The National Security Agency is collecting less than 30 percent of all Americans’ call records because of an inability to keep pace with the explosion in cellphone use, according to current and former U.S. officials.30% isn't enough? Apparently not. But good news. The hoareers at the NSA are renting new storage units so they can collect more and more data.
The disclosure contradicts popular perceptions that the government is sweeping up virtually all domestic phone data. It is also likely to raise questions about the efficacy of a program that is premised on its breadth and depth, on collecting as close to a complete universe of data as possible in order to make sure that clues aren’t missed in counterterrorism investigations.
The government is taking steps to restore the collection — which does not include the content of conversations — closer to previous levels. The NSA is preparing to seek court orders to compel wireless companies that currently do not hand over records to the government to do so, said the current and former officials, who spoke on condition of anonymity to discuss internal deliberations.Does this make sense? No. But no matter.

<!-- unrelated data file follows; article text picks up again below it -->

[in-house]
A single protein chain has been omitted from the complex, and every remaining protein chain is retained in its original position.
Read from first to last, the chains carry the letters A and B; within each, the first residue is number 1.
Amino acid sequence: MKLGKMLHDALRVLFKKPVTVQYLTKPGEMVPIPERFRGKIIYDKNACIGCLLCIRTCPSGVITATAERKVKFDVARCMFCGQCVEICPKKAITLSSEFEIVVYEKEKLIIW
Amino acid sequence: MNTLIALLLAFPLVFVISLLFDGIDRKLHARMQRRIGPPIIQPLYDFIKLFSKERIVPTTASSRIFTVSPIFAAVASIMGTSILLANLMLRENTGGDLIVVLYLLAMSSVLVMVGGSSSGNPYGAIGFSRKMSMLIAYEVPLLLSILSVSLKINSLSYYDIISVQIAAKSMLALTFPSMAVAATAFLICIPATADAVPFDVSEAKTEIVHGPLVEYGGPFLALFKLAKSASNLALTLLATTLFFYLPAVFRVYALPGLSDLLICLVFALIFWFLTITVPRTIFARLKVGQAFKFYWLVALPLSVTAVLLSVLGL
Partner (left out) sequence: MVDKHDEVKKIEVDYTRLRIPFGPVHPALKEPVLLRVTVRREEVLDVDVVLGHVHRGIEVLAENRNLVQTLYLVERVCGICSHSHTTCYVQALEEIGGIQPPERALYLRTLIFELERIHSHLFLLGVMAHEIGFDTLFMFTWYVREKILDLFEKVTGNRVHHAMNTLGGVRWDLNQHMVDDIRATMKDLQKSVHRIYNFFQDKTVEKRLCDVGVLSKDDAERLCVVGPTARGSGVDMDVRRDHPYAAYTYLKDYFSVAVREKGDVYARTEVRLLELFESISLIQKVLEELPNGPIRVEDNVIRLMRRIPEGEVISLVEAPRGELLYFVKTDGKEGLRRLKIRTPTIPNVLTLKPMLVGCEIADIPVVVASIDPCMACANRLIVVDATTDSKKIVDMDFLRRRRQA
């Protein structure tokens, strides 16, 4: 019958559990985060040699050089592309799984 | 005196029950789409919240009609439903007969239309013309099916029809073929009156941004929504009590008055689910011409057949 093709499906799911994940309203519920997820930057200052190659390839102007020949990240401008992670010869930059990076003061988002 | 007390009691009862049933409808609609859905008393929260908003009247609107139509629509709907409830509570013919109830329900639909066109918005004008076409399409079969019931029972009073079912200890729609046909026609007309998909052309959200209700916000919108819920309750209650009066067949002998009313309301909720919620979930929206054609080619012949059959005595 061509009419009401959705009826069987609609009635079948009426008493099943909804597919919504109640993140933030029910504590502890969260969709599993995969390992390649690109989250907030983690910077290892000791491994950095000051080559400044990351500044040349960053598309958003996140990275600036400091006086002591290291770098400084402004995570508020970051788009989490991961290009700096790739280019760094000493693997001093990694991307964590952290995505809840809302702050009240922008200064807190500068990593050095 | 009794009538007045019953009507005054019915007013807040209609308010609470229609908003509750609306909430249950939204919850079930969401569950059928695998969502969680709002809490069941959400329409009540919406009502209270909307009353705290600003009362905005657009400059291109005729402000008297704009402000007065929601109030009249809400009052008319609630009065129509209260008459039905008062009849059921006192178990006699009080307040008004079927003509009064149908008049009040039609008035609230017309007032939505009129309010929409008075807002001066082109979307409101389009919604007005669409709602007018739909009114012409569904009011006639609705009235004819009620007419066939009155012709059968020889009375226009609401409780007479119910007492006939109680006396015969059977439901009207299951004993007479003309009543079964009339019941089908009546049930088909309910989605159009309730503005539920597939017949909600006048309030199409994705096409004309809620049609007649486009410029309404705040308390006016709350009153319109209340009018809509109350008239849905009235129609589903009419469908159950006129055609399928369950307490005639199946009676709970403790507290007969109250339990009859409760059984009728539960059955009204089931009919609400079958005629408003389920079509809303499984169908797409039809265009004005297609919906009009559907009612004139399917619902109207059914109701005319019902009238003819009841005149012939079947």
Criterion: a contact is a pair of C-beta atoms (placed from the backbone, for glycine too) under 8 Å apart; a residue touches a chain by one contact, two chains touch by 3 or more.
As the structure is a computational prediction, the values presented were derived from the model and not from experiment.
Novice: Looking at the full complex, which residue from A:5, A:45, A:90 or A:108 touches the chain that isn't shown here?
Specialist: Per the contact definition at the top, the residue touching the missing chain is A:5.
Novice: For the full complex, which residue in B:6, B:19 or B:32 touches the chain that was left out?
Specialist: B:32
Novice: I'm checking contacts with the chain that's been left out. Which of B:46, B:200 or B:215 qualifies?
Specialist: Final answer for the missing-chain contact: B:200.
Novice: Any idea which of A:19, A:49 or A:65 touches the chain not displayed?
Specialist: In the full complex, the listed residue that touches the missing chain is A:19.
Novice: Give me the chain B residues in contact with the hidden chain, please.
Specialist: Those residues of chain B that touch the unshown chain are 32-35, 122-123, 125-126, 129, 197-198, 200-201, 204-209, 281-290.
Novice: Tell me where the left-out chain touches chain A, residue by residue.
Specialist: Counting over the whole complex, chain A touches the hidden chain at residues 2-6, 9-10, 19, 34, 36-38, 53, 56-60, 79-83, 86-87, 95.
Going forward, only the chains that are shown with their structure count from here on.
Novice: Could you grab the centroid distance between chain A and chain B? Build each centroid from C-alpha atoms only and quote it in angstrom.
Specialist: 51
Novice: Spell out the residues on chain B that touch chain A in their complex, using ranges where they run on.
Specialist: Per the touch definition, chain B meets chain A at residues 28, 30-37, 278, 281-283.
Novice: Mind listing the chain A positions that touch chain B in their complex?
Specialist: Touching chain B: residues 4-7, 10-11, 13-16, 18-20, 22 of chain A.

Edward Felten, a Princeton University computer scientist who has studied the program from a technological perspective, said the revelation “calls into question whether the rationale offered for the program is consistent with the way the program has been operating.”
But collection of even a quarter of the records is valuable, officials say.I have heard hoarders say the same thing. Collecting and retaining as much as you can, even if to all the world it looks like worthless garbage, means that there is a non-zero chance that your hoard will include something of value.
“It’s better than zero,” said the NSA Deputy Director Rick Ledgett in an interview Thursday, without describing the program’s exact scope. “If it’s zero, there’s no chance.”